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Einstein's 'spooky action' seen on a chip

Press clipping: Research

Publication date11/01/06

A simple semiconductor chip has been used to generate pairs of entangled photons, a vital step towards making quantum computers a reality.

Famously dubbed "spooky action at a distance" by Einstein, entanglement is the mysterious phenomenon of quantum particles whereby two particles such as photons behave as one regardless of how far apart they are. It is widely regarded as essential to the development of quantum computers and quantum cryptography.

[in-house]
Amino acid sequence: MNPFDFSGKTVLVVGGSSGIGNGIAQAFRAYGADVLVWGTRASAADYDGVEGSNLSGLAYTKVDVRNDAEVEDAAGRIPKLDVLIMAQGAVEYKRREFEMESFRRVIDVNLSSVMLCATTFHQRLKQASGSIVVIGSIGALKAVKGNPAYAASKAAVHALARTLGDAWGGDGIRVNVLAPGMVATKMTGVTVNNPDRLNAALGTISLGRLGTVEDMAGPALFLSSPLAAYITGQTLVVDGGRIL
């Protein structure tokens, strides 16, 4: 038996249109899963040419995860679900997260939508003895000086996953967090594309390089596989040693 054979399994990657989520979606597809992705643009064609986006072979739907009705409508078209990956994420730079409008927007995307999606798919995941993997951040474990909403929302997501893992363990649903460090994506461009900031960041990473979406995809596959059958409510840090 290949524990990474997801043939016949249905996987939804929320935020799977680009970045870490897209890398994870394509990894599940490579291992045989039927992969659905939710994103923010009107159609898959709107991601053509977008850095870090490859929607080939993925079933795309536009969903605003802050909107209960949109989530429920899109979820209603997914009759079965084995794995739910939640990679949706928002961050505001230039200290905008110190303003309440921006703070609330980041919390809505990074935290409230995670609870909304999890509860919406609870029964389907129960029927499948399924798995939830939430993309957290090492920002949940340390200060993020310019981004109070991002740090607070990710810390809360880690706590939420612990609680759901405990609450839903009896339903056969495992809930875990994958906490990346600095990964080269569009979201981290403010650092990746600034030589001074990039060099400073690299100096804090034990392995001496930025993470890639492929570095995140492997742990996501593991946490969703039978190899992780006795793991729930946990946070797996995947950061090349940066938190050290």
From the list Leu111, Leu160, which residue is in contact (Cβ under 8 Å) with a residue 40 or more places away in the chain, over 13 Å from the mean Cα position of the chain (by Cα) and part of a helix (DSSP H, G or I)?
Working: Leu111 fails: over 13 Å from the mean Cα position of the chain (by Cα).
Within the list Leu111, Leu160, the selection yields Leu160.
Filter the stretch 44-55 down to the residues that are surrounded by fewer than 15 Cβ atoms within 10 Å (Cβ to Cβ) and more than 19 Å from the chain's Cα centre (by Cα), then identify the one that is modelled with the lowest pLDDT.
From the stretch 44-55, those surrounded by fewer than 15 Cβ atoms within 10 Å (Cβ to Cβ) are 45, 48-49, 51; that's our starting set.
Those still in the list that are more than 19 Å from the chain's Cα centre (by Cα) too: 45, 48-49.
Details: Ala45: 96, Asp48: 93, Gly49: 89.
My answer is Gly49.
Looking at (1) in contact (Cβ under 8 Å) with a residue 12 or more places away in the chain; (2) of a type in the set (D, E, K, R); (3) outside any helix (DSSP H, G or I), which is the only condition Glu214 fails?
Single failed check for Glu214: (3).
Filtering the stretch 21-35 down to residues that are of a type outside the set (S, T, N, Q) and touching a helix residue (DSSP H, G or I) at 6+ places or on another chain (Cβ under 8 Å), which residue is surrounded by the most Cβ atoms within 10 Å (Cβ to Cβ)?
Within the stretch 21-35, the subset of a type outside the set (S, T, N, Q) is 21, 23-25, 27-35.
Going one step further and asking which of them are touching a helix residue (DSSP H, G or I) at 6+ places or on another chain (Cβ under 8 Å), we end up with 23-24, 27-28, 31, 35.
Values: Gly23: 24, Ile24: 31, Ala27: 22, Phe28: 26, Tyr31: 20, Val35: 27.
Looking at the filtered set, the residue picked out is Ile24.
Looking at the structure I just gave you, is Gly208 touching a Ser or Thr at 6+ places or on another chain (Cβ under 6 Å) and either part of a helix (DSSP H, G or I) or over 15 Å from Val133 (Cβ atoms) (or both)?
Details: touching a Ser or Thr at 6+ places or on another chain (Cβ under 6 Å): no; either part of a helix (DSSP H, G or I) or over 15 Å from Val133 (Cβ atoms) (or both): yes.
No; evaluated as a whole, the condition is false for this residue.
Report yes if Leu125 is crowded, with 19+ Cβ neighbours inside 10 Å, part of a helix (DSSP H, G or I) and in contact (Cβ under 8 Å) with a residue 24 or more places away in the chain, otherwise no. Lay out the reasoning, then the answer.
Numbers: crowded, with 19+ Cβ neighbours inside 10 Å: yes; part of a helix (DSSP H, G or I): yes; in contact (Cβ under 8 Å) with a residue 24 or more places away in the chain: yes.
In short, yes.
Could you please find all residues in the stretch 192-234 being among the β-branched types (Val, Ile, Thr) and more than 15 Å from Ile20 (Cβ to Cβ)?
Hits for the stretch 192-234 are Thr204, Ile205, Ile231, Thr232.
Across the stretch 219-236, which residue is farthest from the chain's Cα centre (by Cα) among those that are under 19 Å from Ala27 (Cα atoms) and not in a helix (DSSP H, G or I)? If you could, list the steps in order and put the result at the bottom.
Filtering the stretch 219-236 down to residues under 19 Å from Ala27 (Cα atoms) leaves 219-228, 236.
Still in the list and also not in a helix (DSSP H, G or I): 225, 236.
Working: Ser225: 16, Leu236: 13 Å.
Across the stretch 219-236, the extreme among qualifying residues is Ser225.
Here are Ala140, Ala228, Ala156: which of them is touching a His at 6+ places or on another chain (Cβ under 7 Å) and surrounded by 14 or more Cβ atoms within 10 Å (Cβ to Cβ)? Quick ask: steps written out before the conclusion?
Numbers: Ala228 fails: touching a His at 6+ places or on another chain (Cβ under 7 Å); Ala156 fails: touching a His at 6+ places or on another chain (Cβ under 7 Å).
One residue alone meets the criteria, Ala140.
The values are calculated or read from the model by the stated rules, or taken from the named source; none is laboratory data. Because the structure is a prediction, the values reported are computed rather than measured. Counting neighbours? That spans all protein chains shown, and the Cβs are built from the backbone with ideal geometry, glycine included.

To generate entangled photons, Andrew Shields at Toshiba Research Europe Limited in Cambridge, UK, and colleagues from TREL and the University of Cambridge manufactured a silicon chip containing a nanometre-sized quantum dot. A quantum dot is a semiconductor crystal that has discrete energy states like an atom and can be optically triggered to generate photons.

The team found that the precise shape of the dot dictates whether the emitted photons are entangled or not, and the shape can be controlled by how the quantum dot is grown or by applying an external magnetic field.

Entangled photons have been previously generated using laser beams, but this is bulky and complex. "Semiconductor devices are attractive as they are compact and robust," says Shields. "Furthermore, since they can be produced using standard techniques, they could potentially be mass-manufactured for a fraction of the cost."


Original titleEinstein's 'spooky action' seen on a chip
AuthorAmarendra Swarup
MediumNew Scientist